“I think you’re right, Mom,” she said. “Dracula might be a bit much for me right now. White Fang is about a REAL wolf and it is so scary! But I love it. You’ve GOT to read it.”

She remained glued to the book all afternoon. When she finished, with a happy sigh, she turned to me and told me all about it. White Fang’s numerous escapes from peril, his brave acts, his poor mother whom he never saw again.

I tried to think of other wolf/dog books she might like, and Stone Fox came to mind. But oh, that heartbreaker of an ending. I told her I knew a wonderful book about a dog similar to White Fang—a Husky, not a wolf—but that it had a sad ending. She likes forewarning of these things.

“Does the dog die?”

(Spoiler alert.)

“Yes. It makes a brave sacrifice for a little boy. Do you think you’d like to read it?”

“Mmm, no, not yet. Will you tell me the story?”

And so I did, the two of us perched on bar stools at the living-room side of the kitchen counter. How the little boy’s grandpa can’t pay his back taxes, loses heart, gets sick. How the little boy hears about the sled-dog race, the prize money in just the right amount. How he practices with his faithful old dog, Searchlight. How everyone knows the race will be run by the big silent Indian, Stone Fox, with his team of five champion dogs. How the boy is determined to try anyway because it’s his last hope. How Searchlight holds her own against the dog-pack surprisingly well, running neck and neck with Stone Fox’s lead dog. How, yards from the finish line, her old heart bursts, and she falls down dead. How the little boy stares down at her in stunned disbelief and grief. How Stone Fox halts his dogs, leaves his sled, picks up the fallen Searchlight and carries her, pulling the boy on his ramshackle sled, across the finish line.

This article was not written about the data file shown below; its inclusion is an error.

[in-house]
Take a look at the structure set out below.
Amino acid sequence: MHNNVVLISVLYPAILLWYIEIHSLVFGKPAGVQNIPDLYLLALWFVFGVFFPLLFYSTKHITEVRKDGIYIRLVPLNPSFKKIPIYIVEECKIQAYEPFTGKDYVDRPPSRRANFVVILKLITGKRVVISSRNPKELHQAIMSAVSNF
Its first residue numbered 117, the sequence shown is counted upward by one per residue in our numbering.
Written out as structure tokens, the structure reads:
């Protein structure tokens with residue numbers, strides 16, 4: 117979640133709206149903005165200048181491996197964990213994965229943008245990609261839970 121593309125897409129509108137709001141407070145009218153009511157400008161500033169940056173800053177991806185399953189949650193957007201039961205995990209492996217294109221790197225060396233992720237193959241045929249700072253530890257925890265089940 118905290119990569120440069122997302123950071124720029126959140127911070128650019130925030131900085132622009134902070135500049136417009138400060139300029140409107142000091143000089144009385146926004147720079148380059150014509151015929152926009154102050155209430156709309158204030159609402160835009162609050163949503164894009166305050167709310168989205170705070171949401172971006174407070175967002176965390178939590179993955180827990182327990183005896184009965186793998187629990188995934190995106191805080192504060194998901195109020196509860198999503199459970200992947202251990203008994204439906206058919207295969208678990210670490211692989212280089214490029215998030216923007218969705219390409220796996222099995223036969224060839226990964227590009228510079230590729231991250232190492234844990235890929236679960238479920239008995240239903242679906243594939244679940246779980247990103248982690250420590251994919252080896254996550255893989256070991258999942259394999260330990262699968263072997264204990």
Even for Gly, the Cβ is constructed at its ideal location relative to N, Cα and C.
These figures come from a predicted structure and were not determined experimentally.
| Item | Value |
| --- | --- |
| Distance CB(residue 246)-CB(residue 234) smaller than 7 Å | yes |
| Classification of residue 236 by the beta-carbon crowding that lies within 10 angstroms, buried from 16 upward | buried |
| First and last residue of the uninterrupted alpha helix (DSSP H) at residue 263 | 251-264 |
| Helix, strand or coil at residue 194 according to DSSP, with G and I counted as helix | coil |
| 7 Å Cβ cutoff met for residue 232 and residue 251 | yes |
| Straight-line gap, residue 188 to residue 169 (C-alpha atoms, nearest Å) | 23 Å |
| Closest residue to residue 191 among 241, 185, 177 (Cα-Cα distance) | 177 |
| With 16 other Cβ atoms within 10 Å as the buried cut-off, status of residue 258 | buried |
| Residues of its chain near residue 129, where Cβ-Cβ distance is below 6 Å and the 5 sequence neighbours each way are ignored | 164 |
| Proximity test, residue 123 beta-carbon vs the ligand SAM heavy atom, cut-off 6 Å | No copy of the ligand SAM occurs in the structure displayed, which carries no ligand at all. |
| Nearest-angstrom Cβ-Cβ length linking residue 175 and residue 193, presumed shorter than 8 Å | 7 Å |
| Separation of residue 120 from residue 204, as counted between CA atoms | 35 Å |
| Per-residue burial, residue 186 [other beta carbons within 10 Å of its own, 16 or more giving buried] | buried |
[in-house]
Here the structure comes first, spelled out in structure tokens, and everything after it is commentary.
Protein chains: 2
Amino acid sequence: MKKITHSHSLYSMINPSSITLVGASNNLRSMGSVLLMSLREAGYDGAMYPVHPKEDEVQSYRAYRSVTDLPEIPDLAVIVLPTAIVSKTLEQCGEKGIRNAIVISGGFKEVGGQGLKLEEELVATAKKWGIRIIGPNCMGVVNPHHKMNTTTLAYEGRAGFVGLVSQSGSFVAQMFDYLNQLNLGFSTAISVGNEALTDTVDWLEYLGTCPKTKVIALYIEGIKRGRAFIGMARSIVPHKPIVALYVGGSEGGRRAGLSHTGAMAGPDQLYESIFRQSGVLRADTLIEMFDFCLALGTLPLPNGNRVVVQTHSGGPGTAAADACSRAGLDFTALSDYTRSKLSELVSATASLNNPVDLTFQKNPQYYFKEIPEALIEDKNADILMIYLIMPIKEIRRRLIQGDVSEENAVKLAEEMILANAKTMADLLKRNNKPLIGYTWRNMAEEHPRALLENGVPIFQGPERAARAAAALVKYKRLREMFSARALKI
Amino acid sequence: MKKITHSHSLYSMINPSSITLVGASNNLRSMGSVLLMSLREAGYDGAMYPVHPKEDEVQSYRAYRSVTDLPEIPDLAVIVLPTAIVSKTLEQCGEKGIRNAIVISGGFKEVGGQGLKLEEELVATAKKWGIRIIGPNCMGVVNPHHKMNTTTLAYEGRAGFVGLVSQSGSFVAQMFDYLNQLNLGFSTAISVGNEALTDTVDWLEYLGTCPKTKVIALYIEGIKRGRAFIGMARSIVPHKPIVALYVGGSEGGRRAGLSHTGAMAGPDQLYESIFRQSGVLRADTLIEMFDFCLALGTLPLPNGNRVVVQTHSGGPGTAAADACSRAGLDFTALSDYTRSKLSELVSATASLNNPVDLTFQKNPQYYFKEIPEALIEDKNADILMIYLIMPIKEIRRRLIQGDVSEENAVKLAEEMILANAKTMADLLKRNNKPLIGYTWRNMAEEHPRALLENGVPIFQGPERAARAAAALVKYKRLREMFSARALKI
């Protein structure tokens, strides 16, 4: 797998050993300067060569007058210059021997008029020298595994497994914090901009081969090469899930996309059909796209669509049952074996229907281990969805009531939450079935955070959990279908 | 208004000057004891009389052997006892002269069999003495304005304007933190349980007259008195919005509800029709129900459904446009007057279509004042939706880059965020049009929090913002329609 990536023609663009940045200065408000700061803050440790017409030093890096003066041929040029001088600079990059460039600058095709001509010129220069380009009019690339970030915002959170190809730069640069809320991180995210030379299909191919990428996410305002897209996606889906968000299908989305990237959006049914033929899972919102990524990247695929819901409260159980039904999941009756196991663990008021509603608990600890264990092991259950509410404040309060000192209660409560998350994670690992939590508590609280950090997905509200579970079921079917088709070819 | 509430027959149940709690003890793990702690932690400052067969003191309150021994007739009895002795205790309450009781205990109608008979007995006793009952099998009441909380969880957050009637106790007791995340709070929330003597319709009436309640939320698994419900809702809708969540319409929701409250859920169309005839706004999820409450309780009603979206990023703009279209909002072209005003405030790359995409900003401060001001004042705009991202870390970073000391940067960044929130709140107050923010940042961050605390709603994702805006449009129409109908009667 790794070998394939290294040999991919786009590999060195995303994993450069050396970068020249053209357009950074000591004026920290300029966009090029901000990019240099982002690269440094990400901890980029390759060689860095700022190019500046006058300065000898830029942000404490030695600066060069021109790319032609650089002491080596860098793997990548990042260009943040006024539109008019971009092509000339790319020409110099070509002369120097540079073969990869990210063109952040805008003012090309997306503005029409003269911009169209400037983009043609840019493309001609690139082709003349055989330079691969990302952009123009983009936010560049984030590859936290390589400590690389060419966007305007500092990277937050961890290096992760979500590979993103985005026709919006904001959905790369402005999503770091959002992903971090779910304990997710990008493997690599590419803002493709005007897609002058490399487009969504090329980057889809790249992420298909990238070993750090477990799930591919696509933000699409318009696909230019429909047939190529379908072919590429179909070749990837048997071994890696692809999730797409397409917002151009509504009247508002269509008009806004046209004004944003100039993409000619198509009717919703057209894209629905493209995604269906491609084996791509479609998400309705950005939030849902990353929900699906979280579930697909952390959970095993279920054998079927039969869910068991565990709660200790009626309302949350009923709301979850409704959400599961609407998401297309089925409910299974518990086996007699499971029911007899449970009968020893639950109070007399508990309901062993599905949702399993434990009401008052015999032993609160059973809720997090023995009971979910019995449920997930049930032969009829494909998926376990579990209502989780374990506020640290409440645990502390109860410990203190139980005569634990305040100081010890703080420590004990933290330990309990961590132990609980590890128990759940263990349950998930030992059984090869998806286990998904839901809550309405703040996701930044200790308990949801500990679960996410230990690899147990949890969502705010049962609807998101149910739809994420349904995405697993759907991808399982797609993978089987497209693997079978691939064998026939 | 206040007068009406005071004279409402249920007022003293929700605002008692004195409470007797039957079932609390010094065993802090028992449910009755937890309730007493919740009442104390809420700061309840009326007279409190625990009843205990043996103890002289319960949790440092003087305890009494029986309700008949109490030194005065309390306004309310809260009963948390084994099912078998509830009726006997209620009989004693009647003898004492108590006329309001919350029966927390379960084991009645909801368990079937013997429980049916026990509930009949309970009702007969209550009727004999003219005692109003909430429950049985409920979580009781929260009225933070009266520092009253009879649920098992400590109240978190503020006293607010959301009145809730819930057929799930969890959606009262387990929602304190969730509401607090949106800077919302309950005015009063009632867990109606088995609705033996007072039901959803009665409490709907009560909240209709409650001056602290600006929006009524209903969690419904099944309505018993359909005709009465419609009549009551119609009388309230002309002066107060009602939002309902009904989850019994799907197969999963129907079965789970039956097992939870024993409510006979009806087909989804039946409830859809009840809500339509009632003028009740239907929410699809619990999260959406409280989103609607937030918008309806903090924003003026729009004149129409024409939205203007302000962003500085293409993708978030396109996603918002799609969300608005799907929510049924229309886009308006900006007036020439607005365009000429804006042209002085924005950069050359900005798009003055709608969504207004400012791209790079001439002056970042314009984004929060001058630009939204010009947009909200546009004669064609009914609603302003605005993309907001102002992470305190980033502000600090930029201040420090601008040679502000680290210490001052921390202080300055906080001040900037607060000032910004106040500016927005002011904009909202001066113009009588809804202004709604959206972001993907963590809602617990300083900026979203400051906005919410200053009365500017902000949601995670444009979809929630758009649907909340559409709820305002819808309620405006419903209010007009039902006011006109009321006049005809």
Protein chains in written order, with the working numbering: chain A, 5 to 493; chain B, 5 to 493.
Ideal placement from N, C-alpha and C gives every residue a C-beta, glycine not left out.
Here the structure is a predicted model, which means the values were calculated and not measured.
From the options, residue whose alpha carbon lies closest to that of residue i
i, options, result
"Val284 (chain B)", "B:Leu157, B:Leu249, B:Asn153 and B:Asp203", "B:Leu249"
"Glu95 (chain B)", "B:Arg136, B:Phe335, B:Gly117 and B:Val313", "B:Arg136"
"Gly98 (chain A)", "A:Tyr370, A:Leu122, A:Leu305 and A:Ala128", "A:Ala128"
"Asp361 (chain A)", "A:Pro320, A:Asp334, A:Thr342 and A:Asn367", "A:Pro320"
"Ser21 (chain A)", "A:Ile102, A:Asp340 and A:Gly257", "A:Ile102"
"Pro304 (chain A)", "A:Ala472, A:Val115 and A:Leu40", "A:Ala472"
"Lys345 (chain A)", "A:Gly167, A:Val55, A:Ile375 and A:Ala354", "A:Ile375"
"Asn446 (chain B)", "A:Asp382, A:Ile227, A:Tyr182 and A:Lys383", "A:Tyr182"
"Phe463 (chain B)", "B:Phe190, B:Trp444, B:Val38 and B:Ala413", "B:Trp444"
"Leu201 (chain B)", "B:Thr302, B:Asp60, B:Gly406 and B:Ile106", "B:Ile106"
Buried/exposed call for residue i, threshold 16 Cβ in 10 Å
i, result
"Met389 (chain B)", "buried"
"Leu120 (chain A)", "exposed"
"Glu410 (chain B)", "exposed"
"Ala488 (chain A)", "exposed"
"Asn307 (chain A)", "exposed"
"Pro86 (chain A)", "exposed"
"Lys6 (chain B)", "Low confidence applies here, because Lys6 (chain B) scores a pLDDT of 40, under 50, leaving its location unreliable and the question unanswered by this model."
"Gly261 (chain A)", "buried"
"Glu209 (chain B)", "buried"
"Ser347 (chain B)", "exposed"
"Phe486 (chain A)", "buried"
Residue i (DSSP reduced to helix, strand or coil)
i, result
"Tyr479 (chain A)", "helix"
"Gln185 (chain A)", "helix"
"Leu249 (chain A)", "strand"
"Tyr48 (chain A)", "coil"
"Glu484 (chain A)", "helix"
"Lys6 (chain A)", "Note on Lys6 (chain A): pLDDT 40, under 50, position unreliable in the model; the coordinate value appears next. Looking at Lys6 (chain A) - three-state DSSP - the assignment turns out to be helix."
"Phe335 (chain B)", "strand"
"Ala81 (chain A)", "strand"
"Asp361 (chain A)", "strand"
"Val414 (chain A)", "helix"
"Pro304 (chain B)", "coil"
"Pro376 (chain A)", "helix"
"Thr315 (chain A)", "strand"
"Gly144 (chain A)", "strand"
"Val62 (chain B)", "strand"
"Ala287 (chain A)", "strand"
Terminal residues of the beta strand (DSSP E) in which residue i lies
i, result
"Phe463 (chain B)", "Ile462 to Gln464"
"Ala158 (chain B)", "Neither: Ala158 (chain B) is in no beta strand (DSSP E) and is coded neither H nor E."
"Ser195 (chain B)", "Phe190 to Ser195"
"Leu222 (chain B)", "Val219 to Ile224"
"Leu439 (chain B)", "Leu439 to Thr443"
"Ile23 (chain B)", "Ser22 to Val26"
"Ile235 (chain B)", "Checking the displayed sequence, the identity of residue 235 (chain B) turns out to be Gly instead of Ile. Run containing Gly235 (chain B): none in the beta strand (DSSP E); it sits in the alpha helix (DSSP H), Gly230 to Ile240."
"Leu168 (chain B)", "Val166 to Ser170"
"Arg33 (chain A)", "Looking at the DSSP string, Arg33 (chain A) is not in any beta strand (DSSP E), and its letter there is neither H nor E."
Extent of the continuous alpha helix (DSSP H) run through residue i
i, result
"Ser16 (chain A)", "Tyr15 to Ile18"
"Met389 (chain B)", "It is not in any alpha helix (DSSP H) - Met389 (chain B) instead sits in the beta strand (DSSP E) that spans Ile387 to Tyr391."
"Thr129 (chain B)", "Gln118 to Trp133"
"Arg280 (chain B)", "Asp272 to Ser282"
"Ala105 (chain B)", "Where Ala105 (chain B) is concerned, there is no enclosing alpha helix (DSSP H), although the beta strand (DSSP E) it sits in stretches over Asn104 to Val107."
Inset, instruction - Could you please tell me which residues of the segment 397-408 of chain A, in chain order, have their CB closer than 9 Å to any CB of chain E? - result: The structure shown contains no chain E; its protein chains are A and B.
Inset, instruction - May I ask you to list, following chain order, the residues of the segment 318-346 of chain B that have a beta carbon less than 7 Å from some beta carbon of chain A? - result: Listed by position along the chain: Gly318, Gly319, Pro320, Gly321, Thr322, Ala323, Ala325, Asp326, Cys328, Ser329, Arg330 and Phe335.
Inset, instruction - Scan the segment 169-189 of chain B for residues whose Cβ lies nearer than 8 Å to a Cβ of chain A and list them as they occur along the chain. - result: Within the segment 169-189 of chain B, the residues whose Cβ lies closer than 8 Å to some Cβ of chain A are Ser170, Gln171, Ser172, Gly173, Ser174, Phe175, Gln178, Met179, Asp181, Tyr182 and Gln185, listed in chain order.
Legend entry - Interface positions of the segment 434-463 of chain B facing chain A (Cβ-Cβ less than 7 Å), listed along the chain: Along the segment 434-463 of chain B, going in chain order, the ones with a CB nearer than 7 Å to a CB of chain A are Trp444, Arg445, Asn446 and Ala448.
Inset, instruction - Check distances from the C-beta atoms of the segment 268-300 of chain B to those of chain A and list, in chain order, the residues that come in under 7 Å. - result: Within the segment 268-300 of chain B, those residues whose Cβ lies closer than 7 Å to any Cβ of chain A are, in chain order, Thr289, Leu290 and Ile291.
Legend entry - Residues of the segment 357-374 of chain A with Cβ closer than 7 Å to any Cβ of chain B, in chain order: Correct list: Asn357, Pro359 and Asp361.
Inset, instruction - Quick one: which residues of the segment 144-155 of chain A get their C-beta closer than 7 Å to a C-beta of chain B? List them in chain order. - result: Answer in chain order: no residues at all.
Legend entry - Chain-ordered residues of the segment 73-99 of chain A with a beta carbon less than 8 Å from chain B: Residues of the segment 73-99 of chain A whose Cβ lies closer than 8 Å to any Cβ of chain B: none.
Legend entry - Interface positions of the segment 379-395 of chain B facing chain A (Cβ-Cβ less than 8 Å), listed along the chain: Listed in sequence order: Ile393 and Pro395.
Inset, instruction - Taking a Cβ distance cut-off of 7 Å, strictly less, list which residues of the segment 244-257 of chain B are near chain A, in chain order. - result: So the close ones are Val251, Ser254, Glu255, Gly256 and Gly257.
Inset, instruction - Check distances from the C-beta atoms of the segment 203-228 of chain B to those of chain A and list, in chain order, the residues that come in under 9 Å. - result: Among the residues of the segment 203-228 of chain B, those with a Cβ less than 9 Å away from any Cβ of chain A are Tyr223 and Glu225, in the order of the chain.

Both of us were bawling by this point. How could we not? My voice was cracking as I tried to finish; tears were streaming from Beanie’s big eyes. She lunged forward, tipping her stool, throwing her arms around me.

“Oh, Mommy. That’s so sad.”

“I know, sweetie, it really is.”

“But it’s…” She paused, seeking the right word. “It’s noble, too. Isn’t it?” Another pause. “White Fang did some noble things too. But it’s a very happy ending. It’s the best book I ever read, Mom.”

***